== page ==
An internal combustion engine uses the energy
released by a chemical reaction (the burning of
gasoline and oxygen) to create rotation. To make
the most rotation i.e., torque and horsepower, all
of the fuel must be consumed. A full burn occurs
when there is a ratio of 14.7 parts air to 1 part
fuel in the mix (for 87 octane gasoline). A visual
of this ratio appears to the right.
I use the term air-because its most common in
the industry; air in this case implies oxygen. Air
(at sea level) includes only 21% oxygen, but the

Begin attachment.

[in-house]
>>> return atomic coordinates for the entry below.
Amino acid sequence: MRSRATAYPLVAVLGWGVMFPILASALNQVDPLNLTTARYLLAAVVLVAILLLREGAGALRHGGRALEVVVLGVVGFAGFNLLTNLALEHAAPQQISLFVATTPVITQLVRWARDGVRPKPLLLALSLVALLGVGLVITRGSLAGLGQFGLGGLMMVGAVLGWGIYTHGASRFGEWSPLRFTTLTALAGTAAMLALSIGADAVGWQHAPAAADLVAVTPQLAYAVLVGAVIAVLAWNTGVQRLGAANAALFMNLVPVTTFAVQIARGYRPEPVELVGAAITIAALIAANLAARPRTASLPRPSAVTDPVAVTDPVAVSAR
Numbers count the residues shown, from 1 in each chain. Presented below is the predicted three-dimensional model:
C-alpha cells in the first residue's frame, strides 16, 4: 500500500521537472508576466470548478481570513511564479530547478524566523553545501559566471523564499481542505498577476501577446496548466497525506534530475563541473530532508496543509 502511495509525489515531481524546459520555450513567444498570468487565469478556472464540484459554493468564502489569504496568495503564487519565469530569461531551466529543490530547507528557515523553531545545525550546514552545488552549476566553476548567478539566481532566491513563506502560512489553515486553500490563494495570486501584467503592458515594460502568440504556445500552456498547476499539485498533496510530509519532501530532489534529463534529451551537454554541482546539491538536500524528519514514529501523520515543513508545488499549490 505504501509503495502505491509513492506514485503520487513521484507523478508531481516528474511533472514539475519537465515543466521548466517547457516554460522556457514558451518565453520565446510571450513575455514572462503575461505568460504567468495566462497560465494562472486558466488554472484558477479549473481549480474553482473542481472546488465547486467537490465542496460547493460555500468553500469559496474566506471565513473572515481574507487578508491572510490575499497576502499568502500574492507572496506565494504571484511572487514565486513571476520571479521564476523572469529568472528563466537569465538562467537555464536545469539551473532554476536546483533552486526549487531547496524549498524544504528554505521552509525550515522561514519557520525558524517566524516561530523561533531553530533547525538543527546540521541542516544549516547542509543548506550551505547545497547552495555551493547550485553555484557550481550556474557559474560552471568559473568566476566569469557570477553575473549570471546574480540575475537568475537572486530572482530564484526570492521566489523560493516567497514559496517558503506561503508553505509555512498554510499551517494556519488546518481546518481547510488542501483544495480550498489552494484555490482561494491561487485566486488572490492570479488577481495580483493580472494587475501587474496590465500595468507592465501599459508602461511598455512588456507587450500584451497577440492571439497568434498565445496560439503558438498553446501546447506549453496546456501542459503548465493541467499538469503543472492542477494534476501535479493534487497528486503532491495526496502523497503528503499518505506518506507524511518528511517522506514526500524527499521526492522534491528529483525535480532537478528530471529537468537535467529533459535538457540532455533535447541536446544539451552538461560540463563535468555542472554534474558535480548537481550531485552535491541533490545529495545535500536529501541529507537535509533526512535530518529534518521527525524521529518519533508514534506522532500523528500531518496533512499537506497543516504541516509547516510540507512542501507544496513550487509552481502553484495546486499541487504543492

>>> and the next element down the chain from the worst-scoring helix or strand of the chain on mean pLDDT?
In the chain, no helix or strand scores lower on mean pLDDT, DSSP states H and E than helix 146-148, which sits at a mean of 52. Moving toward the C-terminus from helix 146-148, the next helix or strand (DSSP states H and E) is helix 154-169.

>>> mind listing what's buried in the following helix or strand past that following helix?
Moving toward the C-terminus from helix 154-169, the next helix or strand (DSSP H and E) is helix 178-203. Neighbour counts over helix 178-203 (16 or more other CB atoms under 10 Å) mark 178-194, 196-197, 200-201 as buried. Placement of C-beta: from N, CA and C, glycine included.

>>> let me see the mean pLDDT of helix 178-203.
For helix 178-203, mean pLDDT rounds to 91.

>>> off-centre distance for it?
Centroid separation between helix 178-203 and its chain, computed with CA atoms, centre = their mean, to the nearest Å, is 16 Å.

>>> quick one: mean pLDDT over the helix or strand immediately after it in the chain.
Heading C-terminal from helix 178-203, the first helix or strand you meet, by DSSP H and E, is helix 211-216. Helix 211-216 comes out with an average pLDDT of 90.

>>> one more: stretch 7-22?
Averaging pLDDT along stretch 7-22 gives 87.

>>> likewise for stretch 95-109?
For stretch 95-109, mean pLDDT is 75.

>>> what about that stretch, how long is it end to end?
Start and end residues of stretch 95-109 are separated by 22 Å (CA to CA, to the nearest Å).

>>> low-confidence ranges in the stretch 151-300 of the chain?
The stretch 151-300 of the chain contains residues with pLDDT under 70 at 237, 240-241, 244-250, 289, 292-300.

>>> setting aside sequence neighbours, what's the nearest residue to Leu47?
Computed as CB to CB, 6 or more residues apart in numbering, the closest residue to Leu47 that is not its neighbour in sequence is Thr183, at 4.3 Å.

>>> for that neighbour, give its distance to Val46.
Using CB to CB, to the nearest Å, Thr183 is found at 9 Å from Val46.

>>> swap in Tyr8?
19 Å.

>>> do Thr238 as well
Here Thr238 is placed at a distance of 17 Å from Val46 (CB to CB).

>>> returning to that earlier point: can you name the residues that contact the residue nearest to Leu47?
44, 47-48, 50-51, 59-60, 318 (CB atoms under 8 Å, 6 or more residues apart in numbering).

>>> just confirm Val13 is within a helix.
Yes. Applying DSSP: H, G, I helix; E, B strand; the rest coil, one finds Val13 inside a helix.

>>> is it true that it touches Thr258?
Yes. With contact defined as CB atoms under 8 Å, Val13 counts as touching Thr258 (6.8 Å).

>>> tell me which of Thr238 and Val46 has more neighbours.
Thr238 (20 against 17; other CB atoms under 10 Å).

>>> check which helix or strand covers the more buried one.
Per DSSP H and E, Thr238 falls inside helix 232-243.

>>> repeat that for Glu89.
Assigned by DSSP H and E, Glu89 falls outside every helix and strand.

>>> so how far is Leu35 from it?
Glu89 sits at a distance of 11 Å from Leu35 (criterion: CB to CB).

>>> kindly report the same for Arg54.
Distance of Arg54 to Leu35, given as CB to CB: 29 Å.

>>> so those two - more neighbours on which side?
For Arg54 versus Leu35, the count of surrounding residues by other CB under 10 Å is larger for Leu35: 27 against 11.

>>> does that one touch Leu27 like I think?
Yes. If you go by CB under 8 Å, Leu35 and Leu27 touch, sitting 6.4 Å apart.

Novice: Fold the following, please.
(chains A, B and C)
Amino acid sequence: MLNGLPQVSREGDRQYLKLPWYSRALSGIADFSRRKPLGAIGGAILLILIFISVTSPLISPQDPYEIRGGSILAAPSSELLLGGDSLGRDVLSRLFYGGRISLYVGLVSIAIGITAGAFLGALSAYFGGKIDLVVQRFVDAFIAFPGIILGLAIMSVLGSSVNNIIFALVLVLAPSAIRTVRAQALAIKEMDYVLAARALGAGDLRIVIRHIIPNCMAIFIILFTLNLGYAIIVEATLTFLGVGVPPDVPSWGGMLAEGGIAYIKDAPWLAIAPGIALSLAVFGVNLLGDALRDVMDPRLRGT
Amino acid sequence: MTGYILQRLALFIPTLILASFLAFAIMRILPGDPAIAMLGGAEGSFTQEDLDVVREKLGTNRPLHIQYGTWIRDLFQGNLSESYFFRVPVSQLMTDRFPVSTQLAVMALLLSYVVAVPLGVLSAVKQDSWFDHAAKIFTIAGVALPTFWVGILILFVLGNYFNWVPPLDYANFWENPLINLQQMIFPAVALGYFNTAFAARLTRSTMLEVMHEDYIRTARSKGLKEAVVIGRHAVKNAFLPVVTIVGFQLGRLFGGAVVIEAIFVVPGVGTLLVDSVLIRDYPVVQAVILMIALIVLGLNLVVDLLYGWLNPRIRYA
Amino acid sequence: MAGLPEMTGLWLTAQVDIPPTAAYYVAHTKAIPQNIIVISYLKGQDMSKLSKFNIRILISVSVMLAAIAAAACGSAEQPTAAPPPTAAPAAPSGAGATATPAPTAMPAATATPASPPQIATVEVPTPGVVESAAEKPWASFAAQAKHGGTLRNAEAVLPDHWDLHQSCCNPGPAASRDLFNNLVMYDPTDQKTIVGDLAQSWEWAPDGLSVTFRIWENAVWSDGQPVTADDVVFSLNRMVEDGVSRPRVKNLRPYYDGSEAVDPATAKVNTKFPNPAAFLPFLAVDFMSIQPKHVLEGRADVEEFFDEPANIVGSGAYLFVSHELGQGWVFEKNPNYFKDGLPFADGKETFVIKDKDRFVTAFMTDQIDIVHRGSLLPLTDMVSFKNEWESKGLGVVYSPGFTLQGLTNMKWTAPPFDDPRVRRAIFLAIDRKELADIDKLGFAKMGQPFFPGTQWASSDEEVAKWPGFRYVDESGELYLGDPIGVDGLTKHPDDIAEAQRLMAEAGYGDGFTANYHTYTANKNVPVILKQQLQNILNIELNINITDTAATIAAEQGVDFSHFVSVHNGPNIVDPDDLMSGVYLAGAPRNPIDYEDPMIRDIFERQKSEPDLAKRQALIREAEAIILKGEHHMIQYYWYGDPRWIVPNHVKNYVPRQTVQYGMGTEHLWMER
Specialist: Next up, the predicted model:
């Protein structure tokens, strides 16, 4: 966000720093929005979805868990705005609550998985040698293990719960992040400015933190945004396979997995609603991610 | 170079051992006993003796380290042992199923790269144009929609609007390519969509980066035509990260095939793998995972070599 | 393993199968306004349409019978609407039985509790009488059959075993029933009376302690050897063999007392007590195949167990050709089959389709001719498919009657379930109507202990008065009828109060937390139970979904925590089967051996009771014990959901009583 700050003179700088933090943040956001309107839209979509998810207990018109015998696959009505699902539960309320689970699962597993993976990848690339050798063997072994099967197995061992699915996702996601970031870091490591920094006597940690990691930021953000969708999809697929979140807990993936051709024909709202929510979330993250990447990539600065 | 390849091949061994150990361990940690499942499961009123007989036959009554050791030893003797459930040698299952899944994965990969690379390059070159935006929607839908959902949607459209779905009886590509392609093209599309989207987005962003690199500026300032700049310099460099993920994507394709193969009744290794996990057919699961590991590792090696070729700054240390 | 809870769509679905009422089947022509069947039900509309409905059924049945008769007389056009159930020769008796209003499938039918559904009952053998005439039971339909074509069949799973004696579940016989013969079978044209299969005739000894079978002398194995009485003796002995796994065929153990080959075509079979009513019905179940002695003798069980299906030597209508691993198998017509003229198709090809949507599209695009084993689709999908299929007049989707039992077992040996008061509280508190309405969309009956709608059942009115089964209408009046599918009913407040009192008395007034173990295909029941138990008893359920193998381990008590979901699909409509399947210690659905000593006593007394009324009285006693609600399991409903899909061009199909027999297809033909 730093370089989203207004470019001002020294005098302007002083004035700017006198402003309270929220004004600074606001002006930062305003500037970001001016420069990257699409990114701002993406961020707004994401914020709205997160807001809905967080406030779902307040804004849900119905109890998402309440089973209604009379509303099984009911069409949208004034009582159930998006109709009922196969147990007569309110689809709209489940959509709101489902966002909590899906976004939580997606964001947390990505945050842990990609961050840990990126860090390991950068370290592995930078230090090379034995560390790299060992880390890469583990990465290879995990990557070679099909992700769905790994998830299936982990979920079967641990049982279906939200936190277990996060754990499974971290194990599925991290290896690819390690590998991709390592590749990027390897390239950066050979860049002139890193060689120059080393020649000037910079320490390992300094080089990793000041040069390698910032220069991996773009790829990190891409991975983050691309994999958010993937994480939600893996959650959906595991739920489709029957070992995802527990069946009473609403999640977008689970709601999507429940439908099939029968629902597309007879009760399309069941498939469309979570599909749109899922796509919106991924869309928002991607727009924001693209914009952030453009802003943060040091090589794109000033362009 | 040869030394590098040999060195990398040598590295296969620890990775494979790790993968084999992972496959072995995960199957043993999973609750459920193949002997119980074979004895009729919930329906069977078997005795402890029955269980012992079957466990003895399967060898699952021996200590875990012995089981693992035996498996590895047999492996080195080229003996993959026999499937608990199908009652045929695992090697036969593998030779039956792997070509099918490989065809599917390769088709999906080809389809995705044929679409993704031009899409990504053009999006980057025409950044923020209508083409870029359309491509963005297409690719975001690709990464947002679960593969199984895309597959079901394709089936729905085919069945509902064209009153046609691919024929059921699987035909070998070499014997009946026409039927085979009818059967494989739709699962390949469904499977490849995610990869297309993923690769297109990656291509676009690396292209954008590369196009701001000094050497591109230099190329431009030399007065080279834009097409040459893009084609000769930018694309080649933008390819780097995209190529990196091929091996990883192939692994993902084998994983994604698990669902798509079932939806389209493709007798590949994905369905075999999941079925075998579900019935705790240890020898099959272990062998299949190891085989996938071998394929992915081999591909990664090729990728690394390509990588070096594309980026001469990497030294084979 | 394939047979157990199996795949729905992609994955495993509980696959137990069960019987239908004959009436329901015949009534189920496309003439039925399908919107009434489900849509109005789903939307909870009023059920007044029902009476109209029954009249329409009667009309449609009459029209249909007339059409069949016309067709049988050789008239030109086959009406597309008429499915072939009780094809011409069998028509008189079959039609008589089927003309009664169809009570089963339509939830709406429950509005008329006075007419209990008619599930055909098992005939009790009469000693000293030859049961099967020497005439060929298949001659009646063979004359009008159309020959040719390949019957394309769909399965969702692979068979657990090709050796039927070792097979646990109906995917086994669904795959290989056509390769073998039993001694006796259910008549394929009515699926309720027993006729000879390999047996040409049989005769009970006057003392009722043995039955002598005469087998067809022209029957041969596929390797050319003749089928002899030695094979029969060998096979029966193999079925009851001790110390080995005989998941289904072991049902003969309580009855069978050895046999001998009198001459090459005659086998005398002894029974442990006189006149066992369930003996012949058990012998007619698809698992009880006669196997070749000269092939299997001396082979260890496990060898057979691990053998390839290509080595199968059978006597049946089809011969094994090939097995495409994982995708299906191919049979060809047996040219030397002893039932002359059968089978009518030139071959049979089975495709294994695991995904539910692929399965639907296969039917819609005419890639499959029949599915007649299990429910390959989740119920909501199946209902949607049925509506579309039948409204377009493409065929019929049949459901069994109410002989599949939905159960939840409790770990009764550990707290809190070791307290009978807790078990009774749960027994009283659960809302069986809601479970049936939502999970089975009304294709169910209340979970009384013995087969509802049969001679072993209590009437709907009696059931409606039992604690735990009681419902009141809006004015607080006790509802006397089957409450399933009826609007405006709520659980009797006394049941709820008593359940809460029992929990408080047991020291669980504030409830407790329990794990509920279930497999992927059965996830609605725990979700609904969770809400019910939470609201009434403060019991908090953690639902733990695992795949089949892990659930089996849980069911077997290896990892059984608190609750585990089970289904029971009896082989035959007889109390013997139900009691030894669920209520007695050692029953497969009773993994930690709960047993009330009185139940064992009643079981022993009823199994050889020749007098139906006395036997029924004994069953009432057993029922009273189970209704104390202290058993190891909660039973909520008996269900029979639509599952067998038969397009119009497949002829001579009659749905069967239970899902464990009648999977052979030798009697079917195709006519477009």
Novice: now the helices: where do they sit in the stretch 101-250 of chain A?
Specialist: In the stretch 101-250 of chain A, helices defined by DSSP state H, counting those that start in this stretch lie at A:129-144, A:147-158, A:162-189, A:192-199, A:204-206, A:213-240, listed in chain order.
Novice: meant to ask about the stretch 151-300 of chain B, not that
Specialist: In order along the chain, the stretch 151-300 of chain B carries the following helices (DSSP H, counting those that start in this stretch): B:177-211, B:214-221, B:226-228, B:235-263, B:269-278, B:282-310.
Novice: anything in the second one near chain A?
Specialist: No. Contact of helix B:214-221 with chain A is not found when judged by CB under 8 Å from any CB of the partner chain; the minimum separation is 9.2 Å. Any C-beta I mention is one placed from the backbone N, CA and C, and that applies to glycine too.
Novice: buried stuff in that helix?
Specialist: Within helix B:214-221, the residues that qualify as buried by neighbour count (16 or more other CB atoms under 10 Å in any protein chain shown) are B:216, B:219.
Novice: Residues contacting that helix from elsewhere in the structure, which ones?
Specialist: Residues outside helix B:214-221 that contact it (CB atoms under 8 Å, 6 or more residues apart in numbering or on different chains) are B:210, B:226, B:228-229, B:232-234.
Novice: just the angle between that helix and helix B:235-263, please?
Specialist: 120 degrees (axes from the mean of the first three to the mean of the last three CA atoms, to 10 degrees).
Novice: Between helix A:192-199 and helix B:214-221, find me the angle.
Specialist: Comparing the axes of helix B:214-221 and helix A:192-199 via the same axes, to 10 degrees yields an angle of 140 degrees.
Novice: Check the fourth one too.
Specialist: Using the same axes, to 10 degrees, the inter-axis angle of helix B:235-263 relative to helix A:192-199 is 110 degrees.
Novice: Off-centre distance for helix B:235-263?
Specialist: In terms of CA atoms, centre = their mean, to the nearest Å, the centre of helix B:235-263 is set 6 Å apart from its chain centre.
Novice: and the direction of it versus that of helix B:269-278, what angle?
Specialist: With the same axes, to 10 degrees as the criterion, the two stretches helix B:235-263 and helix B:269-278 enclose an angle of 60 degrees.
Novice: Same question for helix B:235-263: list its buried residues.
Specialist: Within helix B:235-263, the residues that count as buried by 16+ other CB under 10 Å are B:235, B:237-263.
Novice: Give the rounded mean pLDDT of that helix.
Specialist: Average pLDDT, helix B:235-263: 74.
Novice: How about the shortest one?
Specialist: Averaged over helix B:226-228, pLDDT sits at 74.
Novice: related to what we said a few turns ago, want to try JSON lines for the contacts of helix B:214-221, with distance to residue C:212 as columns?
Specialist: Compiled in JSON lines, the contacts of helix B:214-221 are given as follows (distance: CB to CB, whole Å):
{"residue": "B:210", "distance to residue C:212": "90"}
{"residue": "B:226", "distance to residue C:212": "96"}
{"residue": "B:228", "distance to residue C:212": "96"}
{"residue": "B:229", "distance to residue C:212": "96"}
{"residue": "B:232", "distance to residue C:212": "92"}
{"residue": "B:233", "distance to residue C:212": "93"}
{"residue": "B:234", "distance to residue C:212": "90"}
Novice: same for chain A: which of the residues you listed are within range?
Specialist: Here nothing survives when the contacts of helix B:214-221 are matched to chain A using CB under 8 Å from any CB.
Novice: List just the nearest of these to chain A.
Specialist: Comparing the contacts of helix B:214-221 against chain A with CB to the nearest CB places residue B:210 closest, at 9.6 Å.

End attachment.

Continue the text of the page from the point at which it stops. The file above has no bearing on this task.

ratio is the same.
Much of the modern automotive computers job is
to maintain this 14.7-1 ratio. Computers use
sensors to measure the air into the engine and
out in the exhaust gases. Specifically, the Mass
Air Flow Sensor measures the incoming air and
the Oxygen Sensor measures oxygen content in
the exhaust gases.
Air to fuel mix ratio